“I am surrounded constantly by so many people,” Sahu confessed in a hushed tone. “Yet I still feel so alone.”

Music, Theatre & Dance sophomore Alix Curnow echoed this sentiment of seclusion to me. As the flicker of the Michigan Theatre’s sign lit the right side of her face, she detailed the struggle she has faced in search of a community of her own.

“I feel very isolated,” she explained, her entire face now drowned in the light. “I went through many stages of depression and most of it was rooted in trying to find where this part of me fit in my life.”

Curnow was ready to immerse herself in the progressive Ann Arbor community, hoping to find refuge in a place where she would not just be tolerated, but embraced. However, her time spent trying to fully discover her own self became increasingly disheartening.

“Friends, even people that are gay, have questioned my sexuality — telling me I’m just confused.”

“Even though friends try to offer their support, it’s lonely,” her shaded eyes now fixated on the floor below. “And being able to sit down in class and just knowing if there were other people like me would make things so much easier.”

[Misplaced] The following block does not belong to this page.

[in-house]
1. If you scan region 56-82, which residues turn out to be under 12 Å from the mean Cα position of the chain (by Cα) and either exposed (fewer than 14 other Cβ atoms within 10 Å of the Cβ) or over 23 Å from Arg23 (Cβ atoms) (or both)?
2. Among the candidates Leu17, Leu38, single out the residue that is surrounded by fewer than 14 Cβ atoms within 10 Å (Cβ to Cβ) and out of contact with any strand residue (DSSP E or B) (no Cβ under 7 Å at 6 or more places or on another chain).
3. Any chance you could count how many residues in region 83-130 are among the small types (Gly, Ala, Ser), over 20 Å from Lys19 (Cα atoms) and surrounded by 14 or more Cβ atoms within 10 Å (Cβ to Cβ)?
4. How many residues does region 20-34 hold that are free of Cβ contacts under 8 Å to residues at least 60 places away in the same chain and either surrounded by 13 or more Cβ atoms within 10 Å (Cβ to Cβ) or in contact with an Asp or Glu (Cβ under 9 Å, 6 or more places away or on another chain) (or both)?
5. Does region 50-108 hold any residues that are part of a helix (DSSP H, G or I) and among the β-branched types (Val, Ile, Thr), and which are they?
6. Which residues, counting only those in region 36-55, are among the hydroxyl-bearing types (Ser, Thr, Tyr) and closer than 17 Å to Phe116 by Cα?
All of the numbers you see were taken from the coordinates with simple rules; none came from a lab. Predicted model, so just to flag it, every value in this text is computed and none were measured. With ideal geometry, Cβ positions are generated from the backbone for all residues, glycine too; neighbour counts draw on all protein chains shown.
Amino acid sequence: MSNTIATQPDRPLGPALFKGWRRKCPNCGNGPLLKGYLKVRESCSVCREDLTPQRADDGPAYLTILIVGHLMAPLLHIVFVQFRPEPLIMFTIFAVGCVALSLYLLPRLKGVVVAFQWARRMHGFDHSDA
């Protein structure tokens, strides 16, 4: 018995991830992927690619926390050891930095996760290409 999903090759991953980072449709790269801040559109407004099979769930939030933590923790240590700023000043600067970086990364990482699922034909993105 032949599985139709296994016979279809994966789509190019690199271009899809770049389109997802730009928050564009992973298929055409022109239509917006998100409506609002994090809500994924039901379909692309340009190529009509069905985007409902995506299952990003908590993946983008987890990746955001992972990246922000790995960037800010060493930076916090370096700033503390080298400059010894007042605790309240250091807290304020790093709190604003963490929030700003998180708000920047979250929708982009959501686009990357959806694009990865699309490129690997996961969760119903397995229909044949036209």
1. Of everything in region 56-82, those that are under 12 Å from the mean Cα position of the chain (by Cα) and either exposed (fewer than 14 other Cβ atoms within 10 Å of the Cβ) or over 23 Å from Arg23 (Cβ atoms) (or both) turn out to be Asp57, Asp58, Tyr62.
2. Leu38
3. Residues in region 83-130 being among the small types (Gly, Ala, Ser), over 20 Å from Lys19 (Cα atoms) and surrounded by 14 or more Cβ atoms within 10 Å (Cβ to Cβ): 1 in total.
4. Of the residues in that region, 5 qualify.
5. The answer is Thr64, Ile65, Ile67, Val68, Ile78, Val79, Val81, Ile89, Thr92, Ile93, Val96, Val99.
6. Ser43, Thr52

Midnight came and the empty booths and folded chairs signaled it was time to pack up. Gripping my empty mug and the hastily-scribbled notes from the day, I began to head home. The brisk chill that waited patiently at the door accompanied me on the walk that night.

Passing through the places I had grown to know during my time at Michigan, I spotted friends and former classmates around each mindless turn of the corner.

Maybe I wasn’t so alone, after all.

But with each step closer to home, the sidewalks grew barer. Approaching the stairs of my apartment building, the outlines of two figures under the dying street light were etched out of the darkness. As the sound of my sneakers dragging across the cracked pavement below broke the silence of the night, the lock of their lips became undone. In unison, they jolted their heads in my direction, as if they had been caught doing something wrong. I could now recognize they were both men. Almost instinctively, they took two steps back from one another. The air now felt colder than before.